Public Notification of Sewer Discharges to Surface Waters Now the Law

Last week we asked you to send an email or call Governor Baker encouraging him to sign a bill that would require the public to be notified if there were spills of untreated sewage into our waterways. On Tuesday January 12, 2021, Governor Baker signed the bill into law thanks, in part, to your support for it! Thank you!

What is the bill?

The Sewage Notification bill (H.4921) was signed into law by Governor Baker on January 12, 2021. The bill will require public notification within 2 hours of sewage discharges to the waters of the Commonwealth of untreated or partially treated sewage. The public will be able to sign up for text and email alerts to be notified when harmful sewage discharges occur nearby. In addition, the two largest news organizations that report on local news in the area of the discharge must be notified.

How and when does sewage get released? 

Wastewater treatment plants can be overwhelmed by incoming freshwater from one of two pathways – ground and rain water seeping into sewer pipes and from combined sewer and stormwater systems (CSOs).  Here on the South Shore the seeping of water into sewer pipes is more common than CSOs but they do exist in older, more developed areas like Boston and Weymouth. When the volumes are too high for the treatment plant to deal with they must release or risk backing up sewage into residents and businesses.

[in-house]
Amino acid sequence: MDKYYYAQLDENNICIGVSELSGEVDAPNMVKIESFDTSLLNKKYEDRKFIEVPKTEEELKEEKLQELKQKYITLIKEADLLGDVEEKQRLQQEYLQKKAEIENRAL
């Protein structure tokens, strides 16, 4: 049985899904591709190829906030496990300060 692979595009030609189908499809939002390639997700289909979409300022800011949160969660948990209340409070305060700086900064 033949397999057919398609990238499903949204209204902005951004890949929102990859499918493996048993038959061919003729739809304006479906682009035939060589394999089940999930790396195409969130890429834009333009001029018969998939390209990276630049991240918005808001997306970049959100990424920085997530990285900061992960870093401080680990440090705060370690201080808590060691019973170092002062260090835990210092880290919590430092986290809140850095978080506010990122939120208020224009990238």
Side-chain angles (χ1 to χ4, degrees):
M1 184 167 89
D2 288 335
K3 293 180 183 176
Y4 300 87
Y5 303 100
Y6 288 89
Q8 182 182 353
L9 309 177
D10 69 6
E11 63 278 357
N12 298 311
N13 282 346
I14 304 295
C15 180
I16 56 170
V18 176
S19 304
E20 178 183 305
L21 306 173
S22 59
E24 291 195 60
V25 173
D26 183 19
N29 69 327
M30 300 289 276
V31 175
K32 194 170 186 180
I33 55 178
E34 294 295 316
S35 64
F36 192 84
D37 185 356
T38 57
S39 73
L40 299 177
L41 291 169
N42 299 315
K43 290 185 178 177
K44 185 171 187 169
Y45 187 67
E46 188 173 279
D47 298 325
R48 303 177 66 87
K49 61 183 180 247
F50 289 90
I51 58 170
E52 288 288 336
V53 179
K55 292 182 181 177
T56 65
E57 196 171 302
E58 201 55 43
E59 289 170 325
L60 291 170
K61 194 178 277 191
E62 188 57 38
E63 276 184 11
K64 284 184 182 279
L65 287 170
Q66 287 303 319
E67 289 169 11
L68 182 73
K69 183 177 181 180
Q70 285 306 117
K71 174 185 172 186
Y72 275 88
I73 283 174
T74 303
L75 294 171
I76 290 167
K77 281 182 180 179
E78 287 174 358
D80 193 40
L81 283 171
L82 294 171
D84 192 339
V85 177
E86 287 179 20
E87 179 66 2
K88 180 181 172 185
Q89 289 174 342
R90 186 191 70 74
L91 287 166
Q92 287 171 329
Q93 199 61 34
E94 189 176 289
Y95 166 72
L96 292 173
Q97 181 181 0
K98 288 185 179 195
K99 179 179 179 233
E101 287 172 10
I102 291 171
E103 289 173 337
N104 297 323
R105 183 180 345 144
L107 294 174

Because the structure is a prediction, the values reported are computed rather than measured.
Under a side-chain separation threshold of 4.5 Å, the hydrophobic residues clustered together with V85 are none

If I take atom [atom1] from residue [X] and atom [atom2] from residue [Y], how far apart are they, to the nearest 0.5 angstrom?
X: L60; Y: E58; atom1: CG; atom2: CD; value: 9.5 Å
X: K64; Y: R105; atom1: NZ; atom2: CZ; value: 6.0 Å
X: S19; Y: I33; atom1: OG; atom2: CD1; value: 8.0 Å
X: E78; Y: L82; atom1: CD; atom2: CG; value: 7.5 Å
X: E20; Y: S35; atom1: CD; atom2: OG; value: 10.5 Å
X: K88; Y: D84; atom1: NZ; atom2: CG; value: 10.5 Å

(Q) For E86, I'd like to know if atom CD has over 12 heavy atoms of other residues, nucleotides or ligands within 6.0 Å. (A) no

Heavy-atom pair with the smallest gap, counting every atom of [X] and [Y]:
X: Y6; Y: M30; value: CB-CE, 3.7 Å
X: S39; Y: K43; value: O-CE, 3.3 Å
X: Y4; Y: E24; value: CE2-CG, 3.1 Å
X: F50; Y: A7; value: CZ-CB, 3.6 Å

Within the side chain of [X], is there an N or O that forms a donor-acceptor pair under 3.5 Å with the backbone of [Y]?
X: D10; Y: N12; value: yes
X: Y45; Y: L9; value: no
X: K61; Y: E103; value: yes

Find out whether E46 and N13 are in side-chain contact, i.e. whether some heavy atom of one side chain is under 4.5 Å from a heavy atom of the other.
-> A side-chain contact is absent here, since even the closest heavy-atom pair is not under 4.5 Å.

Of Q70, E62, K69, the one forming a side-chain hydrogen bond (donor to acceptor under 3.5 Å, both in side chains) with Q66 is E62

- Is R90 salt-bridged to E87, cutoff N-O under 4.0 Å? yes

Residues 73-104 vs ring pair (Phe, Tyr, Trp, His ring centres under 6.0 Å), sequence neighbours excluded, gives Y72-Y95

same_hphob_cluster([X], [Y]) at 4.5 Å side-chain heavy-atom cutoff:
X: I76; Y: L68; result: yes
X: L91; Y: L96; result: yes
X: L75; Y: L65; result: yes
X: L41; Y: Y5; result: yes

When will this start?

The Massachusetts Department of Environmental Protection (MassDEP), along with the US EPA, is responsible for overseeing permits for discharges to our waters. MassDEP will issue regulations within a year of the bill being signed into law and shall take effect by early July of 2022.

Who on the South Shore is Impacted?

There are several wastewater treatment plants that discharge to surface waters including two in our own watershed, one in Scituate to Herring River and one in Rockland to French’s Stream (a headwater to the Indian Head and North River). But there are several other wastewater treatment plants that discharge to surface waters that could be impacted including Cohasset (discharge into Cohasset Harbor), Plymouth (discharges into Plymouth Bay, Marshfield (discharges into Massachusetts Bay), and Hull (discharge into Massachusetts Bay).

The notification will not only protect people and their pets from entering contaminated waters, but also put a spotlight on the issue for the public to support investment in failing wastewater infrastructure. 

Thank you to the bill’s sponsors and legislative leaders and to our many partner organizations for their advocacy on this issue. The bill passed unanimously by the House and Senator Patrick O’Connor voted in favor of this. Please reach out thank them and the Governor for their support for protecting our waters.